What You Should Know Before Watching KEVIN CAN F**K HIMSELF

Before diving into a new show, knowing the origin of its genius can often boost your appreciation for it. AMC’s KEVIN CAN F**K HIMSELF is a story about a woman who gets fed up. With what? Well, we can assume she becomes fed up with being the doting wife to her man-child husband, Kevin McRobberts (Eric Peterson). Fundamentally, Allison McRobberts (Annie Murphy) is flipping off the constructs of a “Kevin” dominated world.

Prior to AMC’s KEVIN CAN F**K HIMSELF, there was CBS’s 2016 sitcom, Kevin Can Wait. The show centered on retired police officer Kevin (Kevin James) and his family, who were navigating financial and familial drama. In the show, Kevin’s wife of 20 years, Donna (Erinn Hayes), is killed off prior to the second season. Typically, killing off an actor happens to those who garner a bad reputation, or consistently cause issues on set. Erinn Hayes, however, was only guilty of playing her part perfectly. She was replaced by Leah Remini, who had previously starred opposite James on the CBS sitcom King of Queens.

What happens when the faithful wife decides to kill rather than be killed? What happens when the woman takes on descriptors beyond “faithful wife?” Responding to Kevin Can Wait, AMC’s KEVIN CAN F**K HIMSELF wants you to know that women are multifaceted, and in the words of lead actress Annie Murphy, they can fight the “sexism, misogyny, racism, homophobia and bigotry… cloaked [by a sitcom] laugh track.” In many ways, KEVIN CAN F**K HIMSELF is an anti-sitcom, pointing out the many ways women's voices have historically been silenced by predominately male-focused sitcoms. The series' moves between an all too familiar shiny, laugh track, multi-camera sitcom setting, to Allison’s dark, dramatic, messy, secret life of anger and discontent. The series presents viewers with a recognizable sitcom setting, and then debunks its very nature by revealing the complexities of its female characters.

Sitcoms have historically presented women as characters to laugh at rather than laugh with. The earliest sitcoms made women extremely simplistic. In a 2017 article from the Huffington Post, female sitcom characters were examined, starting from 1951. They broke each character down into traditionally positive and negative traits based on gender. The earliest sitcom characters, like Lucille Ball's Lucy Ricardo from the 50s I Love Lucy, and Mary Tyler Moore from the 70s The Mary Tyler Moore Show, had the fewest combination of traits, usually two out of the four categories. Later characters began to take on more complexity, usually checking off three of the four categories. But why can’t women straddle all four categories all the time? It's become too common to simplify female characters and have them adhere to gendered stereotypes. By limiting female actors to these very specific personalities and roles, they become less relatable and less authentic.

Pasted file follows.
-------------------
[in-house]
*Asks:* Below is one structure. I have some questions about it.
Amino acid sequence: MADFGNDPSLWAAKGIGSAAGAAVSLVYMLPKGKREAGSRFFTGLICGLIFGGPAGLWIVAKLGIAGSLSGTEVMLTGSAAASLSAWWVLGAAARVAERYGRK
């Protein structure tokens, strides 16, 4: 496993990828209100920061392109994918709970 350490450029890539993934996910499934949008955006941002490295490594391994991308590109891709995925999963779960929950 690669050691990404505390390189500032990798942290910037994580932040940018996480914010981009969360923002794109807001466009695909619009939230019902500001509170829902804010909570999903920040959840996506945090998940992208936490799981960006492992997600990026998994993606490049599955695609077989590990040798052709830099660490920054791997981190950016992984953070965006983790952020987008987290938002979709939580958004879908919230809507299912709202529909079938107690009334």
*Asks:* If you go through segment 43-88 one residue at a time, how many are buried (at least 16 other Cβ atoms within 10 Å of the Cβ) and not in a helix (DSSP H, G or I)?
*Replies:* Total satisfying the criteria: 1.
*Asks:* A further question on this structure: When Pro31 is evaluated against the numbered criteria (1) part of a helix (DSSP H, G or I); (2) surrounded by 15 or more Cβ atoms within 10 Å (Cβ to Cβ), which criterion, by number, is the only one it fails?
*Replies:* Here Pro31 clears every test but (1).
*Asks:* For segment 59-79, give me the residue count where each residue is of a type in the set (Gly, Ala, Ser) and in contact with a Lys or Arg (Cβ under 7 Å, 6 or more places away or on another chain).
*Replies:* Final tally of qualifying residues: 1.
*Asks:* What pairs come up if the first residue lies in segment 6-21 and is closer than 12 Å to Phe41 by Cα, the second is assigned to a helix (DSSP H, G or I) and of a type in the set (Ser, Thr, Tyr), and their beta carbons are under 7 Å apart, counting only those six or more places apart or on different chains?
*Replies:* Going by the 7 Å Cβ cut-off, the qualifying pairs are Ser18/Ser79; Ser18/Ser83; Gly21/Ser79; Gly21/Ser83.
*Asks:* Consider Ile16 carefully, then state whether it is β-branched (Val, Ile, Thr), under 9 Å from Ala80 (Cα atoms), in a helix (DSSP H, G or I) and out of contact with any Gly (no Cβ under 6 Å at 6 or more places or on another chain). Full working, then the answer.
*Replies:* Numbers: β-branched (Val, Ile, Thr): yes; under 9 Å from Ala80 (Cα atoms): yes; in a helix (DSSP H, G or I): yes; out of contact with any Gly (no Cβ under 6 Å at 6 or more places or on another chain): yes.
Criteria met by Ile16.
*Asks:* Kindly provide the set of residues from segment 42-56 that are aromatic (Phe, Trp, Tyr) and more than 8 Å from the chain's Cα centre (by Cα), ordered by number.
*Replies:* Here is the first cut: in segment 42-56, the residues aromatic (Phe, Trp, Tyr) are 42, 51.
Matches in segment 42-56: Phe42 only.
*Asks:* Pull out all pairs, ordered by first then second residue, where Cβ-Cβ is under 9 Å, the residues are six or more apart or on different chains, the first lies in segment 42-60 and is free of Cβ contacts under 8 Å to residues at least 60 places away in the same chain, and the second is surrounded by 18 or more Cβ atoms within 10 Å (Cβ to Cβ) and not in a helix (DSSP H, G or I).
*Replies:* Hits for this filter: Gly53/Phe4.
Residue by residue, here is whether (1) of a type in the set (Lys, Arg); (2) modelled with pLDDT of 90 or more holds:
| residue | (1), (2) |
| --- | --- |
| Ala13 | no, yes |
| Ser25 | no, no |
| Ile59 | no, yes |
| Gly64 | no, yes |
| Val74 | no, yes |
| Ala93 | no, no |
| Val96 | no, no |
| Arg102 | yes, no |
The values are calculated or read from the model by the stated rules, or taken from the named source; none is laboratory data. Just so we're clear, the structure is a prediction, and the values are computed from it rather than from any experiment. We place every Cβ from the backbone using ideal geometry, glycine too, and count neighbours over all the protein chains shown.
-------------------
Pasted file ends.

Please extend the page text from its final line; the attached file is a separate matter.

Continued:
Not only does the character of Allison rebuff gendered sitcom expectations, going from dutiful housewife to free-thinking, free-speaking badass woman, but by taking on this role, Annie Murphy herself breaks free from her famed role as Alexis Rose in Schitt's Creek... and the transformation is astounding. Taking on Allison, a character so different from the “debutante-with-a-heart-of-gold Alexis Rose,” Murphy embodies female versatility and women's ability to be so much more than a stereotypical character.

With all of this inspiration, background information, and discussion of the sinister, patriarchal side of sitcoms, you're better prepared to venture into AMC’s KEVIN CAN F**K HIMSELF... but brace yourself nonetheless. The show begs the question: what would happen if repressed housewives rebelled and said “f--k this?” KEVIN CAN F**CK HIMSELF explores possibly the most extreme-yet-relatable position of them all: the bottled-up, accumulated rage will boil over into a decisive murder plan.

The first two installments of the eight-episode season of KEVIN CAN F**K HIMSELF will be available on AMC+ on Sunday, June 13 and air back-to-back on AMC on June 20. The remaining episodes will continue to debut on AMC+ one week ahead of the AMC linear airings on Sundays at 9/8c.

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